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11.12.2017 Feature Article

Know About The Influenza

Know About The Influenza
11.12.2017 LISTEN

KNOW ABOUT THE INFLUENZA, The Basics
Influenza is an acute infection caused by any of the three influenza viruses, A, B and C.

Influenza infections occur throughout the year in the tropics, in colder countries, influenza occurs from October to May.

INFLUENZA, THE VIRUSES.
Influenzas are airborne viral infections. Human influenza viruses are divided into three types, A, B and C (type C infection is very rare).

Type A viruses have poultry and waterfowls, mainly ducks and geese, as natural reservoirs. The viruses are shed in their oral secretions and feces

Type B primarily cause diseases in humans.
Type C is rare.
On the lipid cell walls of the influenza viruses are 2 proteins antigens: H(hemagglutinins) and N (neuraminidases). The H antigens help the influenza viruses to attach to other cells to help to cause and spread diseases, The N components help with their detachments. The viruses are classified based on the type of H and N proteins on their cell walls

Influenza subtype H5N1 is known as Avian Flu. They are found in chickens and ducks but highly virulent in humans.

H1N1(Swine flu) caused world-wide infection in 2009.

Presentation:
Following exposure to the virus, it may take 2-5 days for persons to develop symptoms. The symptoms can last for 2 weeks and more.

The signs and symptoms include:
High Fever
Chills
Muscular ache
Headache
The illness usually starts as common cold with runny nose, sore throat and cough.

Younger kids may have pink eye, abdominal pain and vomiting.

COMPLICATIONS:
The Lungs:
The complications associated with influenzas include:

Viral Pneumonia
Secondary Bacterial pneumonia
Bleeding into the lungs
Respiratory failure
Heart:
Involvement of heart muscles can lead to cardiac arrhythmia and Heart failure

Death, usually from multiple organ failure
TREATMENT AND MANAGEMENT
Influenza symptoms may last for 2 weeks
Supportive care with rest and increased fluid intake. Take Paracetamol, for fever and bodily aches. Children, and those less than 16 years of age, should never take aspirin, since taking aspirin in children with influenza can cause brain and liver damage and possible death.

Cough medicine could be taken for dry cough
Medications.
Medications work, only when given early, that is within the first 2 days of onset of illness, just before the virus get foothold on the body. Early antiviral medication decreases duration of illness, and may reduce the influenza-related complications.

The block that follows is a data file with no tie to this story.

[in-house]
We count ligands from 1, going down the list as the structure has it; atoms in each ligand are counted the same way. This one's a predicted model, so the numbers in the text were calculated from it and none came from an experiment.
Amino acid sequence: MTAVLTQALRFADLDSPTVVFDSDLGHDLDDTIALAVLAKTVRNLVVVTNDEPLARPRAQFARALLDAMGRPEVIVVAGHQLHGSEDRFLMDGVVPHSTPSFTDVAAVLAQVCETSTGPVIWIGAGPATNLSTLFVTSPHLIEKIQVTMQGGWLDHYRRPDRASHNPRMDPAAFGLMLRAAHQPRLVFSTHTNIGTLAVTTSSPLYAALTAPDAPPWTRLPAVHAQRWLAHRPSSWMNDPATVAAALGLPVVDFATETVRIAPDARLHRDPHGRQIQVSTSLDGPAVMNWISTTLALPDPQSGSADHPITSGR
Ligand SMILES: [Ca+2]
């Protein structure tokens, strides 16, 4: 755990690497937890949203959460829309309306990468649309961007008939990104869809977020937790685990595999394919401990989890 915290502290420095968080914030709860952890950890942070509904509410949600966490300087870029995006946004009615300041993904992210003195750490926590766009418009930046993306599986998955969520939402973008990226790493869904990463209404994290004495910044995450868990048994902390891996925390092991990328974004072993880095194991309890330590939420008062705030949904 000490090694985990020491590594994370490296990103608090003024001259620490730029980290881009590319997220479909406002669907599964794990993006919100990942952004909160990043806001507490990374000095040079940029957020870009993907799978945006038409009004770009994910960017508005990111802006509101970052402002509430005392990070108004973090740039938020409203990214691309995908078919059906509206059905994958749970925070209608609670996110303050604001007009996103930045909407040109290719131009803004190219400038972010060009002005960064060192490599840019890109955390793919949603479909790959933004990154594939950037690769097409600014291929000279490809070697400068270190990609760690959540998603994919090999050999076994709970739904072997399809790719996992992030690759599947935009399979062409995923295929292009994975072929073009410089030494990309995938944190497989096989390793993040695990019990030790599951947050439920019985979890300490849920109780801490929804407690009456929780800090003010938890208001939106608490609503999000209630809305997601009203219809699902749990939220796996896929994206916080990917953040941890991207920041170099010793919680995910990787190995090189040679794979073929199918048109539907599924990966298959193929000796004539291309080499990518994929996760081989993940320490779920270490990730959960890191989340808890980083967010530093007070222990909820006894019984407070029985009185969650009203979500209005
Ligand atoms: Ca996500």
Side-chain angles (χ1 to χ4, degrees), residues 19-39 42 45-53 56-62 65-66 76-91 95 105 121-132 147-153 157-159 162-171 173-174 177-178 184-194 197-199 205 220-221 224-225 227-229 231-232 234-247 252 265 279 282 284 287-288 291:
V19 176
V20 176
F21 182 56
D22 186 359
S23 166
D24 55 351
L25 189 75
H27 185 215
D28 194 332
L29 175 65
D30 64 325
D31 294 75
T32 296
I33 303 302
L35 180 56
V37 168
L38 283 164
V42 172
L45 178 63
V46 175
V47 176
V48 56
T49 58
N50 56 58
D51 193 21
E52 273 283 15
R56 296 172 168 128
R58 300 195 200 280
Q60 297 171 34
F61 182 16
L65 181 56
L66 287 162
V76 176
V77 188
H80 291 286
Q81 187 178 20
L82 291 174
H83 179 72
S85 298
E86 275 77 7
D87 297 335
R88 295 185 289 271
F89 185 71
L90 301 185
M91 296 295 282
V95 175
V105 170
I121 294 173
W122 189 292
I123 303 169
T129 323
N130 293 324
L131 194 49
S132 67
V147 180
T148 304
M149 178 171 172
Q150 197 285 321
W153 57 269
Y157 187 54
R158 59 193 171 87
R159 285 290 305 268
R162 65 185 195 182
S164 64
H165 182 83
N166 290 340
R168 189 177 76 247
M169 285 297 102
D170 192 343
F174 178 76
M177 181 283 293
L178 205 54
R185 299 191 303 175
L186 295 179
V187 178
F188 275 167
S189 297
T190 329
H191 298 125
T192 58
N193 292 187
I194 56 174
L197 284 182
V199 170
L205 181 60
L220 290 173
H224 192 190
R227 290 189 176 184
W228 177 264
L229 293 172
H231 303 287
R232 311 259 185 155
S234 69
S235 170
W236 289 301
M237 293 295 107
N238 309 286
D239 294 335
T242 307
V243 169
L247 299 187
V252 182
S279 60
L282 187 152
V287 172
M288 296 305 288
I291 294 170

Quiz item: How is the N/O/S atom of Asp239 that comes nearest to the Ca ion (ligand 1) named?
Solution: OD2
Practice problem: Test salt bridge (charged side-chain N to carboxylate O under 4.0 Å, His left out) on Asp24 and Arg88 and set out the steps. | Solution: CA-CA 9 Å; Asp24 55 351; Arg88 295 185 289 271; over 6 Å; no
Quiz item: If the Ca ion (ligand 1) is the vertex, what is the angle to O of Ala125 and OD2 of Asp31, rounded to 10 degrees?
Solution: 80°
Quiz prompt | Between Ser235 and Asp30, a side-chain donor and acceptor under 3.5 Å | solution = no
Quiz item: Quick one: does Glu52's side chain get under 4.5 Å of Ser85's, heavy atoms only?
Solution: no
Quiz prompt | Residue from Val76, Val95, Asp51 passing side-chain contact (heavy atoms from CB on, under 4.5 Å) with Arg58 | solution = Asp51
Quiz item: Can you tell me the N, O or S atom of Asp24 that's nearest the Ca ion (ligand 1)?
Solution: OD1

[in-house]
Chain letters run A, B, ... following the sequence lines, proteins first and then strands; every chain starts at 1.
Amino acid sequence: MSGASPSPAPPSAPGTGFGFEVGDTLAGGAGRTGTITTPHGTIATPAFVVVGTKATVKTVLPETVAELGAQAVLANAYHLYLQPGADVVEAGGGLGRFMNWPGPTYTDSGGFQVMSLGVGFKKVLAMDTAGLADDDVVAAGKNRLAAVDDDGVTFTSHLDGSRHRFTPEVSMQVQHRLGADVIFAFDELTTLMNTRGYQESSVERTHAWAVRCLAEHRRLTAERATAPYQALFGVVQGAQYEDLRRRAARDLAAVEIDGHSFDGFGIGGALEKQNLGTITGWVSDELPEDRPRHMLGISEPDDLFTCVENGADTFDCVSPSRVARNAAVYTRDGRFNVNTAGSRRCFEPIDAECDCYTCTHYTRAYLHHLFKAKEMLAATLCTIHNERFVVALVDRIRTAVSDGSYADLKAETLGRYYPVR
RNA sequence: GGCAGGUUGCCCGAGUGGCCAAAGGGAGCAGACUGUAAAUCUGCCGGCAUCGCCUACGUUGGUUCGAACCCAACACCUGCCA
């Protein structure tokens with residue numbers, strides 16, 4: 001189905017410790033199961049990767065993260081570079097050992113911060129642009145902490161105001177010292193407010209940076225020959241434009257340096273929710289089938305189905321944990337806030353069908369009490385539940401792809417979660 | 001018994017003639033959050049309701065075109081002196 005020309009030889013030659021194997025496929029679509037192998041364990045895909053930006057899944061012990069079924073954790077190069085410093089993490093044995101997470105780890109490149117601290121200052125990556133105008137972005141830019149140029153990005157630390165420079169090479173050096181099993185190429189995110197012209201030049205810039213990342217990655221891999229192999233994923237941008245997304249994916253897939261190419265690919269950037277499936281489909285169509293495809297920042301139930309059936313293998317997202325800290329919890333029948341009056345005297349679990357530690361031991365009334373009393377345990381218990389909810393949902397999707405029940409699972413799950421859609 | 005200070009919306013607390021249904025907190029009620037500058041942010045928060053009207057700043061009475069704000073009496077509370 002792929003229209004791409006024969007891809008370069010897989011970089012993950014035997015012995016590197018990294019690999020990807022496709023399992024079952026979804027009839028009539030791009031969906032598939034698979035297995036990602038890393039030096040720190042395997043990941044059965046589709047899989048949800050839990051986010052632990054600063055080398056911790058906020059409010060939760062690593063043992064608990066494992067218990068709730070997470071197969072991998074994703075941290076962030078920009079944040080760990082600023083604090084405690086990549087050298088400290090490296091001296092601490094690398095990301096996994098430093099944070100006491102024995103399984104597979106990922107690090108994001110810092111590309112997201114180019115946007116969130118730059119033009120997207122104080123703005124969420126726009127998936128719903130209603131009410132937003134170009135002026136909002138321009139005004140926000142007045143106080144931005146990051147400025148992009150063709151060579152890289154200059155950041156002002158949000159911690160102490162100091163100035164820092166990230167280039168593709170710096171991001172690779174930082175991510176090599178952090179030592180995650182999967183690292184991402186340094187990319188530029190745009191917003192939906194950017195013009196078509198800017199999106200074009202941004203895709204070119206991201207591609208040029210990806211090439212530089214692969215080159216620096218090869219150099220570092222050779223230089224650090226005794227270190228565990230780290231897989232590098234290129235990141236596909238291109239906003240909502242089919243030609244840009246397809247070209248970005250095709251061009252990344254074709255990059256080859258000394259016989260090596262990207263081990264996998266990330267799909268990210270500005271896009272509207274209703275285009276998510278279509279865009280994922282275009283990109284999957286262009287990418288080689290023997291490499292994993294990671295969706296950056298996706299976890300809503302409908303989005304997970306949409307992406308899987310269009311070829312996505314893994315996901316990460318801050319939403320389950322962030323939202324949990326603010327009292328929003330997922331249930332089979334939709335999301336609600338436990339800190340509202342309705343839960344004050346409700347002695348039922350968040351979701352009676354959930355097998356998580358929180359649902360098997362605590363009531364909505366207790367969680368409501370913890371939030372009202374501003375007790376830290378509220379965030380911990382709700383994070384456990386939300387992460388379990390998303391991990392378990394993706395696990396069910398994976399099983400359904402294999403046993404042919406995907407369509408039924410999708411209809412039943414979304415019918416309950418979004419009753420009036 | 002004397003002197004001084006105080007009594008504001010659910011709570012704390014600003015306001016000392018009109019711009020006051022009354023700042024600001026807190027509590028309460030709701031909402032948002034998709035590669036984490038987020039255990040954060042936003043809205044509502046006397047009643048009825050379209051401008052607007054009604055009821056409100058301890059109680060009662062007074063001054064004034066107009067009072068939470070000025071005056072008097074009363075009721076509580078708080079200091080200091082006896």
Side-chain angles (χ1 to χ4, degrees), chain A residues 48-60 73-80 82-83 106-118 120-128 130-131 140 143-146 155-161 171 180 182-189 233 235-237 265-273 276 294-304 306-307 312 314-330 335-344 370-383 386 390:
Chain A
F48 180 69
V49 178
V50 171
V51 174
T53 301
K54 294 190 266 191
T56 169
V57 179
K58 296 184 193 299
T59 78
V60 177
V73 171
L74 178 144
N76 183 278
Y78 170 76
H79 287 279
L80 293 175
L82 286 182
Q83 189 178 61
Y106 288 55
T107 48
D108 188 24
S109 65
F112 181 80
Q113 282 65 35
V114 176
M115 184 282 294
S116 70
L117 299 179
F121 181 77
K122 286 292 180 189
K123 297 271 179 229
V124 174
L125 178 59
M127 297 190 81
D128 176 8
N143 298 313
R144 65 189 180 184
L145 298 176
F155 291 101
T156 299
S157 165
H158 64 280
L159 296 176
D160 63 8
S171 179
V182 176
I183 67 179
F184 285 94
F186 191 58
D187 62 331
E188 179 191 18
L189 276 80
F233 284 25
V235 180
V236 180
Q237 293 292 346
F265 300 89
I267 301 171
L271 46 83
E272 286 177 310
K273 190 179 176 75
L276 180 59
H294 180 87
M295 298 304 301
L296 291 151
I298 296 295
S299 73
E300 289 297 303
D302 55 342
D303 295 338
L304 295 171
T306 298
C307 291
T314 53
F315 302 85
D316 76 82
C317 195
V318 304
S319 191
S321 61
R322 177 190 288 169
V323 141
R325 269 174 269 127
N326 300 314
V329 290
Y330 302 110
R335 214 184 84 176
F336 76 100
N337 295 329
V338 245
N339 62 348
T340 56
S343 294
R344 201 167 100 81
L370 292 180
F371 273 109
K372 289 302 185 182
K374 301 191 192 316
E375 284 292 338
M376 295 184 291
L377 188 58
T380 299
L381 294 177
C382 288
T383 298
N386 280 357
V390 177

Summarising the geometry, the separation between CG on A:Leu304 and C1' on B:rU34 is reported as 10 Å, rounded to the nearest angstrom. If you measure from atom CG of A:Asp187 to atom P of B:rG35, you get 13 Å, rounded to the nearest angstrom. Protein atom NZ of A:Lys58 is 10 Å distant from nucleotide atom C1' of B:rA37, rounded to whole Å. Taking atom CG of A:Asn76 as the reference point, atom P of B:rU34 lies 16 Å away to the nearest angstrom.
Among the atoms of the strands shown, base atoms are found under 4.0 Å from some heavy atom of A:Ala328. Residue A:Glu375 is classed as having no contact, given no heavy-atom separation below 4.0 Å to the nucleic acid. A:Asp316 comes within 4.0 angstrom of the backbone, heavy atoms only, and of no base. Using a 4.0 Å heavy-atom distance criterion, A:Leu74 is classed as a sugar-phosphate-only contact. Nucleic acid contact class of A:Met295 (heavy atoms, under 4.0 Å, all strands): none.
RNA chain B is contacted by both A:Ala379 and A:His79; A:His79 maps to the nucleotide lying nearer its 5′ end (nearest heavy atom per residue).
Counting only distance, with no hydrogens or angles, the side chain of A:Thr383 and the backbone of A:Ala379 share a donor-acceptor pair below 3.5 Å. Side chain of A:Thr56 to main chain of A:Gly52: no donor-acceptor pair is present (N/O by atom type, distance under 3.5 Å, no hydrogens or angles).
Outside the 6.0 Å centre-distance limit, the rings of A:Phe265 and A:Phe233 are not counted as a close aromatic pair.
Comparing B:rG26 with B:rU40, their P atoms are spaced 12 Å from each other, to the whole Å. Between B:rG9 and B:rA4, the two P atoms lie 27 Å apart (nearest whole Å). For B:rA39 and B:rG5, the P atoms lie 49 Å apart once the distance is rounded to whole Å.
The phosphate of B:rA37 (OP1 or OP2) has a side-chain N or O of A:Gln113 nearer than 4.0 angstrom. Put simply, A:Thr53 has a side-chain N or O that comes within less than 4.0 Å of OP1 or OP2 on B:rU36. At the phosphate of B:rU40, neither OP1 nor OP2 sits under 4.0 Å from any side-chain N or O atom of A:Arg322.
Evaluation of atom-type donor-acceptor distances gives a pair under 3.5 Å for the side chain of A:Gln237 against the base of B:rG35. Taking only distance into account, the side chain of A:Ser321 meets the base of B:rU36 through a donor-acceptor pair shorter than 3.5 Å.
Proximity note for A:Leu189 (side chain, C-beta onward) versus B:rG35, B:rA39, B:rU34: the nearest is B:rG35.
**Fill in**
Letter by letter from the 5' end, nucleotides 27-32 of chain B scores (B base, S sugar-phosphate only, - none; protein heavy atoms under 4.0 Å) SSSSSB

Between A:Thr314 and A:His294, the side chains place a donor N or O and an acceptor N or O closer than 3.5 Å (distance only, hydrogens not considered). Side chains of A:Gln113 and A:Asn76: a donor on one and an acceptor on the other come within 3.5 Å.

Treatment is recommended for those diagnosed with the disease and those suspected to have influenza symptoms that are severe or could lead to hospital admission, and for any individual at risk for influenza-related complications.

The list of individuals at risk for influenza-related complications includes:

The very young, less than 2 years of age,
The Elderly (>64 years of age)
Those with chronic conditions (Heart, Lung, Liver, Kidney diseases, sickle cell disease)

Pregnant women
Very obese persons
Impaired immunity
Oseltamivir (inhibits the N viral proteins) has been used for treating influenza A and B viruses. It is usually taken twice daily for 5 days

(Zanamivir could be used but not in those with pre-existing lung diseases like Asthma)

PREVENTION
Influenza is transmitted airborne, so frequent hand washing with soap and tap/flowing water for a minimum of 15 seconds, together with Sinus rinses with salt water, 2-3 times daily helps to reduce risk of getting infected.

Vaccination:
Who requires influenza vaccination?
Annual vaccination for everyone at risk for influenza-related complications, including pregnant women, and their household members

Students and dormitory residents
Residents of long-term care facilities
Anyone wishing to reduce risk of influenza
Avian Flu prevention
H1NI virus evolved from combination of swine, avian and human influenza viruses. In 2009, Pregnant women had the highest death rates, and, in contrast with other influenza viruses, population aged 5-59 years was associated with more severe disease than the very young and very old

Rapid quarantine and destruction of infected birds, and vigilance for respiratory illness among poultry personnel is important.

Avian influenza infections are very dangerous and require prompt hospitalization at tertiary care facilities, where critical-care and infectious diseases specialists are available for consultation and management of the avian influenza infection.

ALEX SARKODIE, MD

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